Easter sermon

It was G.K. Chesterton who wrote, with his customary pith, that Christianity was the only religion that had the guts to make God a rebel as well as a king. He was overstating: as a scholar of the Old Testament as well as the New, he knew that Yahweh was as much a temperamental artist as he was a Lord of Hosts. Yahweh chose as his earthly representative a badass in bondage whose first notable act was killing a slavemaster and running to the hills. The older and wiser Moses won’t kiss ass, either. He speaks truth to Pharaoh and becomes the instrument of divine justice against earthly power. There are hero-kings in the Bible, but by and large, they’re screw-ups, too — the amazing second Book of Samuel lays out David’s flaws in some of the most searing language ever put on papyrus.

Somehow, though, Jesus is different.  Jesus isn’t a Robin Hood figure who wins some and loses some. He’s a righteous man who is utterly crushed and humiliated by the authority he defies.  Jesus dies the most shameful death that the Roman Empire knew how to dish out — crucifixion, a punishment reserved for the lowest of criminals.  Worse yet, Jesus dies alone, abandoned by his friends who scatter like squirrels when the boot comes down. Despite all of this, we’re asked to believe that Jesus is victorious. The stone is rolled away, and the tomb is empty. Mark, in his artistic wisdom, doesn’t give us any more than that; the other Gospelers, worried that we’re doubting Thomases, take greater pains to assure us that He is risen. 

This is the essence of the Easter story — one that continues to resonate for readers and listeners, two thousand years after it was first told.  In good times, it’s an indelible narrative. In troubled times, it’s essential, because there’s nobody on Earth for whom it doesn’t become personal. Even the Almighty, we are assured, had his moments of doubt, weakness, and self-pity. Even God was renounced, and despised, and misunderstood.  His scourging and piercing, which is really played up in some of the more graphic Christian traditions, is a brutal but oh-so-effective metaphor for total rejection at the hands of the crowd.  And total rejection, the Gospelers imply, is what life has in store for the man, or woman, who follows his conscience and acts with compassion and humility.  If the Lord himself is incapable of avoiding a scoundrel’s fate at the hands of the powerful, what chance, really, have you?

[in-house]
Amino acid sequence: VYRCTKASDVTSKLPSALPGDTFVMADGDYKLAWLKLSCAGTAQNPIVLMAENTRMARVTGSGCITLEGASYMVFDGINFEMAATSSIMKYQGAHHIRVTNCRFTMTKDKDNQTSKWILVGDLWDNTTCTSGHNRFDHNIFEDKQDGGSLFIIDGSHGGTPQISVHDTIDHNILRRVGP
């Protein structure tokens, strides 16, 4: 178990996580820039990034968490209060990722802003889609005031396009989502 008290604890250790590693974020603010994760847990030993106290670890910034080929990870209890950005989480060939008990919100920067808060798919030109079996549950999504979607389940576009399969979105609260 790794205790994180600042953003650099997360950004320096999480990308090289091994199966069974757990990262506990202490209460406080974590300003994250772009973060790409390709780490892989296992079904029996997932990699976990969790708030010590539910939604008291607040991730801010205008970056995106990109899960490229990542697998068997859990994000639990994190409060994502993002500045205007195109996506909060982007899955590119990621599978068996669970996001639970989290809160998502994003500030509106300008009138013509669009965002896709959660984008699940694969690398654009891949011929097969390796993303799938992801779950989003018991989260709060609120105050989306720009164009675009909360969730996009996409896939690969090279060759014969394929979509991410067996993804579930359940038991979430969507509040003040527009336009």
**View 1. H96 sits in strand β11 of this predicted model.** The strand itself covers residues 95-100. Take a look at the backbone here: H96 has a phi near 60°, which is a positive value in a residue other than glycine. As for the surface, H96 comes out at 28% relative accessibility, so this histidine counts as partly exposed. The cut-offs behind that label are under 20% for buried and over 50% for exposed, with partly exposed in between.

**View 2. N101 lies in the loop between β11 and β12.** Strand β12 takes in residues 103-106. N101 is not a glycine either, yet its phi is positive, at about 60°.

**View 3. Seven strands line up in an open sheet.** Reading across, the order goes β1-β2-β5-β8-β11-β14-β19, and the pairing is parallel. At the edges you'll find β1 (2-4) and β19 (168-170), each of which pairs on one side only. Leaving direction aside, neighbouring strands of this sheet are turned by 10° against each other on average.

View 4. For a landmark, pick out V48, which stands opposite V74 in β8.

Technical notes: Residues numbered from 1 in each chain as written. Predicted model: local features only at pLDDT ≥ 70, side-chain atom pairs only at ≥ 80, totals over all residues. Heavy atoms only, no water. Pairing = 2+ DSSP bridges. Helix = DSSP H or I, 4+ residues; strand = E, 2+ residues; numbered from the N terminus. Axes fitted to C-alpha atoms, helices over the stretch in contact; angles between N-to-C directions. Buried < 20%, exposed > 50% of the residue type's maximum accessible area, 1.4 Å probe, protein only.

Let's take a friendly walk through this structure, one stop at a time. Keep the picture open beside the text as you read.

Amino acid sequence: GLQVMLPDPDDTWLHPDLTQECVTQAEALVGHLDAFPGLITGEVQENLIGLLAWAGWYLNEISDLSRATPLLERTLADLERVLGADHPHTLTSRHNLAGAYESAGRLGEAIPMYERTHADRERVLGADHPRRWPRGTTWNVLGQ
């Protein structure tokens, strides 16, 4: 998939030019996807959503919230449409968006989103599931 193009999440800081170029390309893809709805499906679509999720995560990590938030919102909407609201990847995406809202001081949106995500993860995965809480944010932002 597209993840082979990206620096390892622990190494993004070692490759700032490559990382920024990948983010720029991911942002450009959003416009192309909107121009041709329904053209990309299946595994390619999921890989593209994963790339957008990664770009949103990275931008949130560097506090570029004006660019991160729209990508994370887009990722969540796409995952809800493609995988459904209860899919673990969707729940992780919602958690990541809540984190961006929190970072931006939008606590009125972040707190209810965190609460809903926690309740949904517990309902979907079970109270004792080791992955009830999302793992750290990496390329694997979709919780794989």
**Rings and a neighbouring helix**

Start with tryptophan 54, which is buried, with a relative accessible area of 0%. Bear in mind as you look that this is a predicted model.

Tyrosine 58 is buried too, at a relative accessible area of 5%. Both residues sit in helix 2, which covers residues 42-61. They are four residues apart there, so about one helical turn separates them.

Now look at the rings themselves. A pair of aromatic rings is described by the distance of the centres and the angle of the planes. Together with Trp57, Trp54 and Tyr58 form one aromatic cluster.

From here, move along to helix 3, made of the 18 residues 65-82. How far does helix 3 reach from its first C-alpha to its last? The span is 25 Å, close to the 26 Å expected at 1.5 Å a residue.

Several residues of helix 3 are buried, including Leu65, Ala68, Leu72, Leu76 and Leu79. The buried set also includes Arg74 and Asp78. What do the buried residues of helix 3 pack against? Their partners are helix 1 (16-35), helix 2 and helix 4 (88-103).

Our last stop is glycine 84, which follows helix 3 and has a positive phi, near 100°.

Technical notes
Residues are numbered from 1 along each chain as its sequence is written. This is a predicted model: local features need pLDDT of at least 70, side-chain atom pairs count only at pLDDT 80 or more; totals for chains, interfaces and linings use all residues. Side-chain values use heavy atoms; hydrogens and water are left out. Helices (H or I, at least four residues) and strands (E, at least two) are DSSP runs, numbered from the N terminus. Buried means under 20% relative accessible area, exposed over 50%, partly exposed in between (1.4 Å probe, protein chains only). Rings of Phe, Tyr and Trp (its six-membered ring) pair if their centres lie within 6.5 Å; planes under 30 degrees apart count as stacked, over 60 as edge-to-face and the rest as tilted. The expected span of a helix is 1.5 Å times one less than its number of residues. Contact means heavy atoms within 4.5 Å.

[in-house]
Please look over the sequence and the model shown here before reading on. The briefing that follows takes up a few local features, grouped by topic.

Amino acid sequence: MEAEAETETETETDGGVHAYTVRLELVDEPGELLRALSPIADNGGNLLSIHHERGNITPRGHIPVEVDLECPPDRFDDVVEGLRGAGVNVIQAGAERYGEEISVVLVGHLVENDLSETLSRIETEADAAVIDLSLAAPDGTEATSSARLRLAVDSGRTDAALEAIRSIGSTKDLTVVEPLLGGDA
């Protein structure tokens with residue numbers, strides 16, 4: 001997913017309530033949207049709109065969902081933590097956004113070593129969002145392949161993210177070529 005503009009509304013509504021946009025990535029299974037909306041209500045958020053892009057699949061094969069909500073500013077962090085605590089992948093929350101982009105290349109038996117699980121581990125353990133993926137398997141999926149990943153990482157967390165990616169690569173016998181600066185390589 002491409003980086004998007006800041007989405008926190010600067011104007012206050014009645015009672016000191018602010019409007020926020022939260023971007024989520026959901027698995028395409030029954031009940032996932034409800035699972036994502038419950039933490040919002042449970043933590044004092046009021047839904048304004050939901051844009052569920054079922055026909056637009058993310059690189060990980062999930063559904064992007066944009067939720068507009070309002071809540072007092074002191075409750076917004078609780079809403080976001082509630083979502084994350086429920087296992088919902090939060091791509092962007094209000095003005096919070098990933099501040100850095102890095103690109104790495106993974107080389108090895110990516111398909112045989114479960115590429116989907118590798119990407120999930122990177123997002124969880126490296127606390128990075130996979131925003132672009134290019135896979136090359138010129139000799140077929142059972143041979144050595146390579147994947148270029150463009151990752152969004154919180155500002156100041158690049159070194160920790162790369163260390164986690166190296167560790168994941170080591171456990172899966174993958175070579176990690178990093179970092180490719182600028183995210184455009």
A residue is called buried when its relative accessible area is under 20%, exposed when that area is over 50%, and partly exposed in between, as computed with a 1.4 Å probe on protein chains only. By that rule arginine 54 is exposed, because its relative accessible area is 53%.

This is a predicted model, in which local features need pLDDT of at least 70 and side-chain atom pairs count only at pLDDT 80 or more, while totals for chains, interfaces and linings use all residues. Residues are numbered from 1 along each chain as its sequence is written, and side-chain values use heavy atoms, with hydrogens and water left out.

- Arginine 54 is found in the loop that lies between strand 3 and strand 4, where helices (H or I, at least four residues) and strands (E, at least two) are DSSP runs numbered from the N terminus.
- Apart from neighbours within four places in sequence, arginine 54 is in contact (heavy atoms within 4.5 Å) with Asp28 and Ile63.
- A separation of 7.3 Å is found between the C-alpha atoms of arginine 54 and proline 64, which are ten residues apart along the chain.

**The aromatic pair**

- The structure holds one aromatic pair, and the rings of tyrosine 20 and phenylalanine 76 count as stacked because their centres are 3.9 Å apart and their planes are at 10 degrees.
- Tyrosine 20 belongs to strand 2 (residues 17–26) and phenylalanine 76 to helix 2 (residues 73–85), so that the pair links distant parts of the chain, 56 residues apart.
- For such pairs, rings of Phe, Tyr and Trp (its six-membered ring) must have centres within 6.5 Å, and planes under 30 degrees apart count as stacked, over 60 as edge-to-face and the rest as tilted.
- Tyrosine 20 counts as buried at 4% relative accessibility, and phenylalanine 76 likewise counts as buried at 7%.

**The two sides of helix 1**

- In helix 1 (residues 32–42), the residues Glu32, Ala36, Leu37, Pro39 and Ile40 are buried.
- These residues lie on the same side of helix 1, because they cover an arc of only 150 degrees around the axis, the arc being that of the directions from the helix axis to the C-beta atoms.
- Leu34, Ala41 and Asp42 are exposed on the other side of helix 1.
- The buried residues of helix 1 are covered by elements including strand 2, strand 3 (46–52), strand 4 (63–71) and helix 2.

The Gospels associate Jesus with the lowly. Beggars, prostitutes, foreigners, petty crooks, the destitute, the tired, sick, and weak: this is what his flock looks like. He says so himself — we are judged by how we treat the least among us, not by how we serve the powerful. We modern sinners find it hard to live by these words. We ignore the cries of those in pain, and slam the door on the immigrant, and hoard our wealth, and sneer at the abject, and celebrate the winner and dismiss the loser, and refuse to give a hand to the man who is down, even as we know in what’s left of our hearts that what we’re doing is wrong. The good news for us, today and on all other days, is that Jesus has ransomed our sorry asses. He has, the story says, stood alone, renounced and loathed, and faced his ordeal, and his rejection, without a buffer. In so doing, he provides an example that has stood for millennia: a reminder that we all will face solitary trials, and the righteous man is not the one who bends to the will of the crowd, but the one who keeps his eyes fixed firmly on heaven, no matter what the cost is. Grace is never found in numbers. Only the individual is holy.

As a typical annoying skeptic, I struggle with the supernatural elements of religion. But my faith in the power of literature is absolute. I have two scriptures: the words of the Hebrew masters recorded in the books of the Bible, and the verses of the poets who comprise the canon of hip-hop. I never cease to be astonished by the many ways that these writers, separated by time and culture and technology, always manage to say the same damn thing. On the best song on his best album, the prophet Kendrick Lamar sums up the Easter message in one tight couplet: everybody gon respect the shooter/but the one in front of the gun lives forever. Society will always celebrate strength, and force, and meanness, and domination; popularity will accrue to the brash, the hard-hearted and cruel. But if you’ve got what it takes to be humble, and grateful, and to stand bravely in front of the powerful armed with nothing but your conscience, you get to hold on to your soul. Without a follow, without a mention, the ultimate triumph is yours.